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The Three Business Valuation Approaches

April 16, 2015.

The Three Business Valuation Approaches

At some point during a company’s existence, it’s very likely a business owner will need a business valuation.  The reasons for getting a business valuation can range from estate planning, partner buy-out, merger or acquisition, selling the company, or even a divorce.  But regardless of the reason, it is important to understand how business valuations are conducted.

Based on the variables and information available, a valuation professional can follow three types of business valuation models to arrive at the value of a business.

These three approaches used in valuing a business are: the asset-based approach, the income approach, and the market approach.

Business Valuation Professionals typically rely on one or two depending on the type of case it is plus other factors.  It’s vital that business owners who rely on business valuations understand the basics of each approach.

1) Asset Approach

The asset based approach is defined by the International Glossary of Business Valuation Terms as “a general way of determining a value indication of a business, business ownership interest, or security using one or more methods based on the value of its assets net of liabilities.”

Any asset-based approach involves an analysis of the economic worth of a company’s tangible and intangible, recorded and unrecorded assets in excess of its outstanding liabilities.

Nevertheless, the actual value in the asset-based approach could be much higher than the sum of all the recorded assets of the business.

For example, a Balance Sheet may not always have all the significant assets such as  the company’s method of conducting business (its unique business model) and internally-developed procedures, business systems, and  products.  Placing a value on the method of conducting business that makes a company unique can be difficult.

A business owner can calculate an asset-based valuation for their company using the help of the following two approaches:

Book Value Method:  This method is based on the financial accounting concept that owners’ equity is determined by subtracting  the book value of a company’s liabilities from the book value of its assets.  While this concept is acceptable to most analysts, most agree that the method has serious flaws.  This method is recommended for businesses that do not plan to sell their assets or liquidate and want to stay in business for some time.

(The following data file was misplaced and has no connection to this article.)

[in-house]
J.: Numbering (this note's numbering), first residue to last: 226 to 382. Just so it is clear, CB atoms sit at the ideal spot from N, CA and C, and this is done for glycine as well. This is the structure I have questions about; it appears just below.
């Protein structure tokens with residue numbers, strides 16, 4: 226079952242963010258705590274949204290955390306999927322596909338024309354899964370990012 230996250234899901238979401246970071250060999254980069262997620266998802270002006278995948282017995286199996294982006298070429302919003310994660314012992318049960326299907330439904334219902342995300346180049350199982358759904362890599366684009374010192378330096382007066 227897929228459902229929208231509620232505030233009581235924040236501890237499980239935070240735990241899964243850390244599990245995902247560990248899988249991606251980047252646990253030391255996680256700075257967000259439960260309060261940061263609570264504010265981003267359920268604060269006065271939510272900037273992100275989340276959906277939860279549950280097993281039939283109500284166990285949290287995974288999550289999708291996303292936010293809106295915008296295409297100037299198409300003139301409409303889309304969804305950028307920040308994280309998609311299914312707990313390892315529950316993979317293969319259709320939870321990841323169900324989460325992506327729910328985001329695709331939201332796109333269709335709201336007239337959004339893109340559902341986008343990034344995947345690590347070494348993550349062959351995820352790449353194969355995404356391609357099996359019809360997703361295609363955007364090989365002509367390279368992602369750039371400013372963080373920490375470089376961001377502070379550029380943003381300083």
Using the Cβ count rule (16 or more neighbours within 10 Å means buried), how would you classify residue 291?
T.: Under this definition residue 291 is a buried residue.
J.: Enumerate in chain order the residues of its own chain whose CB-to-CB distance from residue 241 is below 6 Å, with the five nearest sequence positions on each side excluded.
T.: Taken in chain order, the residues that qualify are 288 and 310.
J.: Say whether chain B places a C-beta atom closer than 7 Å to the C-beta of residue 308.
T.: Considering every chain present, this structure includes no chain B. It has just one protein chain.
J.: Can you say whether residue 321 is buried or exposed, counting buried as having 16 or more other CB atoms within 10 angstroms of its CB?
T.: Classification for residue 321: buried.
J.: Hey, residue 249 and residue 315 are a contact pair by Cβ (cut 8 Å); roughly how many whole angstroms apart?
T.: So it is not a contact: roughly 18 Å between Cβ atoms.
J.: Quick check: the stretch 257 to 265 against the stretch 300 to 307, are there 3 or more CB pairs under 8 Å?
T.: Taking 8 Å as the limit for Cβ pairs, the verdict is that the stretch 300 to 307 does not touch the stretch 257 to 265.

Adjusted Net Assets Method:  This method is used to value a business based on the difference between the fair market value of the business assets and its liabilities.  Depending on the particular purpose or circumstances underlying the valuation, this method sometimes uses the replacement or liquidation value of the company assets less the liabilities.  Under this method the analyst adjusts the book value of the assets to fair market value and then reduces the total adjusted value of assets by the market value of all recorded and unrecorded liabilities.

All in all, the asset-based business valuation method is a great method to arrive at exact value for which a company can be sold.  And even though there are many other methods out there, the asset-based valuation method is often preferred because of its applicability in instances where a business is suffering from challenges relating to liquidity.

2) Income Approach

The income approach measures the future economic benefits that a company can generate for a business owner.  As part of this analysis, valuation professionals assess factors that determine expected income including data such as revenues, expenses and tax liabilities.

When using the income approach, a business is valued at the net present value of its future earnings or cash flows.  These cash flows or future earnings are determined by projecting the earnings of the business and then adjusting them for changes in growth rates, taxes, and other relevant factors.

A business owner can calculate an income-based valuation for their company using the help of the following two approaches: